Scoop: Israel demands sanctions on shorter-range Iranian missiles
Israel demands that as part of "fixing" the nuclear deal with Iran, new sanctions and limitations be placed on all Iranian missiles with a range of more than 180 miles (or 300 kilometers) – including the precision missiles Iran is providing Hezbollah with. Israeli officials say Prime Minister Netanyahu is going to raise this issue during his meeting tomorrow with President Trump at the White House.
Between the lines: Netanyahu and his advisers are concerned with what they see as a growing gap between the harsh rhetoric by the Trump administration against Iran and the limited actions taken – both on the nuclear deal and on Iranian military entrenchment in Syria.
Where things stand: Trump has set May 12th as the deadline to reach an agreement with France, Germany and the U.K. to "fix" the nuclear deal and avoid U.S. withdrawal from it. In the last few weeks two rounds of talks were held in London and Paris between senior diplomats from the four countries. A third round is expected next week in Berlin. Israel is not a party to the talks directly but is updated on their contents.
Israeli officials told me that the government in Jerusalem was surprised to find out that the potential sanctions on the Iranian missile program being discussed concern only missiles with a range beyond 1200 miles (2000 kilometers) that can hit Europe and the U.S., and not with short and medium range Iranian missiles that can hit Israel directly from Iran or from Lebanon and Syria via Hezbollah.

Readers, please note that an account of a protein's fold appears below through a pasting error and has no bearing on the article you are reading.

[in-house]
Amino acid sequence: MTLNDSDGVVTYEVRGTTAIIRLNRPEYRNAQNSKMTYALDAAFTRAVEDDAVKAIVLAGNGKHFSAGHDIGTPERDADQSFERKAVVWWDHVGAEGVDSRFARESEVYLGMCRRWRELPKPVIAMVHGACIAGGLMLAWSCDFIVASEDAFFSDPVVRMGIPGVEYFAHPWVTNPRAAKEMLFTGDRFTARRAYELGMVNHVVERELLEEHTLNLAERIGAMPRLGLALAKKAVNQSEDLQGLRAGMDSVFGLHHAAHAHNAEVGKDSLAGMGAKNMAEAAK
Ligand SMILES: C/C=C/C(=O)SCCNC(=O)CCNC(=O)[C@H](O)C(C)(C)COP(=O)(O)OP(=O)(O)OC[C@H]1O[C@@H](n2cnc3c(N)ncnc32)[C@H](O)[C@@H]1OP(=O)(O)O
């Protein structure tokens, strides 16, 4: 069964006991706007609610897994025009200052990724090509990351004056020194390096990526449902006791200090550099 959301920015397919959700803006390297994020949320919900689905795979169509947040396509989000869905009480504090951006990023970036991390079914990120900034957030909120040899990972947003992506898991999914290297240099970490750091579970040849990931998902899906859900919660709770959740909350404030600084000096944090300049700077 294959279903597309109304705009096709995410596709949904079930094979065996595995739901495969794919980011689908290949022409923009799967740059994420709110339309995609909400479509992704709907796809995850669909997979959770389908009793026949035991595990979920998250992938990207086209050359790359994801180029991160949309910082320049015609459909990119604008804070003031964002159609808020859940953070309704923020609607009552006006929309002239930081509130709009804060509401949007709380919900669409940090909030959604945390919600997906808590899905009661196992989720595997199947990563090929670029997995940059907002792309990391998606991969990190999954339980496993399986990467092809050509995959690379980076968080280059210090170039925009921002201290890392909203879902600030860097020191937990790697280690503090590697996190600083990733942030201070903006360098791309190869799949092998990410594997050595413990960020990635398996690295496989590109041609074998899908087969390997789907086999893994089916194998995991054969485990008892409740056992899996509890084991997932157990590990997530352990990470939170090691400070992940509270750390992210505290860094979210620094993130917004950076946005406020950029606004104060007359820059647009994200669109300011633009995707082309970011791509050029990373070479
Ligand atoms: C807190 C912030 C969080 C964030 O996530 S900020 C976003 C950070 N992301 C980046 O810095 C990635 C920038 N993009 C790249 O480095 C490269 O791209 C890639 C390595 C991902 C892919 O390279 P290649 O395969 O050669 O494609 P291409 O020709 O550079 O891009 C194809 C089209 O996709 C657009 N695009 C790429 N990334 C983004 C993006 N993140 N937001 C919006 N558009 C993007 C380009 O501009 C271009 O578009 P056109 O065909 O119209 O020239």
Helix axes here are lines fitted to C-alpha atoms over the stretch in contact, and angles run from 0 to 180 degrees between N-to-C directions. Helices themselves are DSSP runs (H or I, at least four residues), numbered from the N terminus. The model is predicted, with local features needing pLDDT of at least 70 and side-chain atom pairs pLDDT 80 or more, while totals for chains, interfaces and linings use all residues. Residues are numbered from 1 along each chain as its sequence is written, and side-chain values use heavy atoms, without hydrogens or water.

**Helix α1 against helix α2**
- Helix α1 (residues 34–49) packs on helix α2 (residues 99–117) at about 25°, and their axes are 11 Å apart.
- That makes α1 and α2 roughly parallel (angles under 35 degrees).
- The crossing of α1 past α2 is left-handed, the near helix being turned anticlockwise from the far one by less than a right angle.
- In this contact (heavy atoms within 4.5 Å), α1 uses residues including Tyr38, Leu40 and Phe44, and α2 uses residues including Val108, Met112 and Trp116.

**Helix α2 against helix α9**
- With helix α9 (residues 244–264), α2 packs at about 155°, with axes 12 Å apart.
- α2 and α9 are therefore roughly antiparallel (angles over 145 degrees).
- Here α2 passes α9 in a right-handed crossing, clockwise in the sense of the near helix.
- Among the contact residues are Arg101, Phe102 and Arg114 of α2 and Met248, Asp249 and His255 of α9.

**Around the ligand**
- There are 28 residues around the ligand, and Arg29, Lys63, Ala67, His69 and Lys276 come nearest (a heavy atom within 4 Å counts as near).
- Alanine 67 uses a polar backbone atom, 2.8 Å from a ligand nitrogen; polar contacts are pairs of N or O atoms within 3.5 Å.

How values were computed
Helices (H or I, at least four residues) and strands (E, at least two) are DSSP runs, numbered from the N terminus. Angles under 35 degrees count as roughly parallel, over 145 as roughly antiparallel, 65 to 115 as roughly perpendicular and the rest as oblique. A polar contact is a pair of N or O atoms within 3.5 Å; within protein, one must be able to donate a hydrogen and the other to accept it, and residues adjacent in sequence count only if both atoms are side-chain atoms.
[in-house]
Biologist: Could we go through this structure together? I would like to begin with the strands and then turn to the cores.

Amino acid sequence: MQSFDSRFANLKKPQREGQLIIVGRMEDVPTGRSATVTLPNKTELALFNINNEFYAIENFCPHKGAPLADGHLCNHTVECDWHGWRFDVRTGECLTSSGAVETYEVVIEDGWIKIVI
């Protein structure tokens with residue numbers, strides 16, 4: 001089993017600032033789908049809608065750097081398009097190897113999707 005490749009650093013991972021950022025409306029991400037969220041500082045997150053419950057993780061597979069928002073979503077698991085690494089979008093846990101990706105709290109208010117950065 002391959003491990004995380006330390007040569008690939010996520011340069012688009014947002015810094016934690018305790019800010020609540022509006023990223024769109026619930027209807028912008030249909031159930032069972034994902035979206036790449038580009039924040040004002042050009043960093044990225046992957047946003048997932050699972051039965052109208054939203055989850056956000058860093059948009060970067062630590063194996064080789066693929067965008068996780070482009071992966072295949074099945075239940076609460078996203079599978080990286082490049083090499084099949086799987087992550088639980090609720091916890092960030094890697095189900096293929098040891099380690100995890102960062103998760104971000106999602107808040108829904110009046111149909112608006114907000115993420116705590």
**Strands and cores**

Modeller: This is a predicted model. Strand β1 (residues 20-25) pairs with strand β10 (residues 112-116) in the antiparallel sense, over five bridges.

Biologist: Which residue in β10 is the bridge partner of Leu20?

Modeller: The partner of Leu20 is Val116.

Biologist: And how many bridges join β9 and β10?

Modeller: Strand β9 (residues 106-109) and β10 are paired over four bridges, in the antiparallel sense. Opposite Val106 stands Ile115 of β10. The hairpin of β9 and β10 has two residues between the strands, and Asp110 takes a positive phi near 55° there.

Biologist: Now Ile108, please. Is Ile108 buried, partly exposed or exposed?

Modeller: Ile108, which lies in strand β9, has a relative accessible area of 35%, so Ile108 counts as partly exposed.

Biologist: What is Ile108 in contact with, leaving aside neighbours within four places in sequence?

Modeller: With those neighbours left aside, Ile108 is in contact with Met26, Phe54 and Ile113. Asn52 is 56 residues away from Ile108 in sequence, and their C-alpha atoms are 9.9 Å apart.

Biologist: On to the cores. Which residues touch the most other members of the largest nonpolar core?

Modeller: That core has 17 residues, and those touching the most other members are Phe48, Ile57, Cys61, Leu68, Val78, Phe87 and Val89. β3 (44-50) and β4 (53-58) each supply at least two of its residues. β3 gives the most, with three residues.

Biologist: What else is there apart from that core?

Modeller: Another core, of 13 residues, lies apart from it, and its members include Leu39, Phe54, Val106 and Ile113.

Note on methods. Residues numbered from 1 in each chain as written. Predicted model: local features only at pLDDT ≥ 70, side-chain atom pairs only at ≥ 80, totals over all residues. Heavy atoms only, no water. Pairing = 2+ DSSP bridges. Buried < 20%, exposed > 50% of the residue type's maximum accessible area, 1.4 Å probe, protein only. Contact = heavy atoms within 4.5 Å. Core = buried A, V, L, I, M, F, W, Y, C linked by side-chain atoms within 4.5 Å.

- A senior Israeli official told me Israel conveyed its concerns to the U.S. and to the Europeans and demanded that every amendment or additional agreements to the nuclear deal include sanctions and limitations on the testing and proliferation of all Iranian missile with a range of beyond 180 miles and with a payload of 1100 pounds or more.
- The Europeans object to the Israeli demand and treat it with suspicion, thinking Israel is trying to insert non-nuclear issues into the negotiations. The Europeans think that new sanctions should only be put on long range ballistic missiles that can carry a nuclear warhead. For now the U.S. seems to take the same line as the European powers.
What's next: Netanyahu will try and convince Trump in their meeting tomorrow not to compromise with the Europeans on the issue of the Iranian missile program and to take the toughest line possible.
Israel's ambassador to Washington Ron Dermer spoke about this issue during a Q&A session at the AIPAC conference today:
"Another thing that you need to do is to make sure that these missiles are a part on any agreement, or at least are addressed. That would mean that if Iran continued to develop these missiles, that you would have crippling sanctions on Iran. Crippling sanctions mean sanctions on oil and sanctions on the financial sector. Those were the sanctions that actually created a huge problem for Iran. So if Iran is going to continue to develop its missile program we need to put those sanctions on".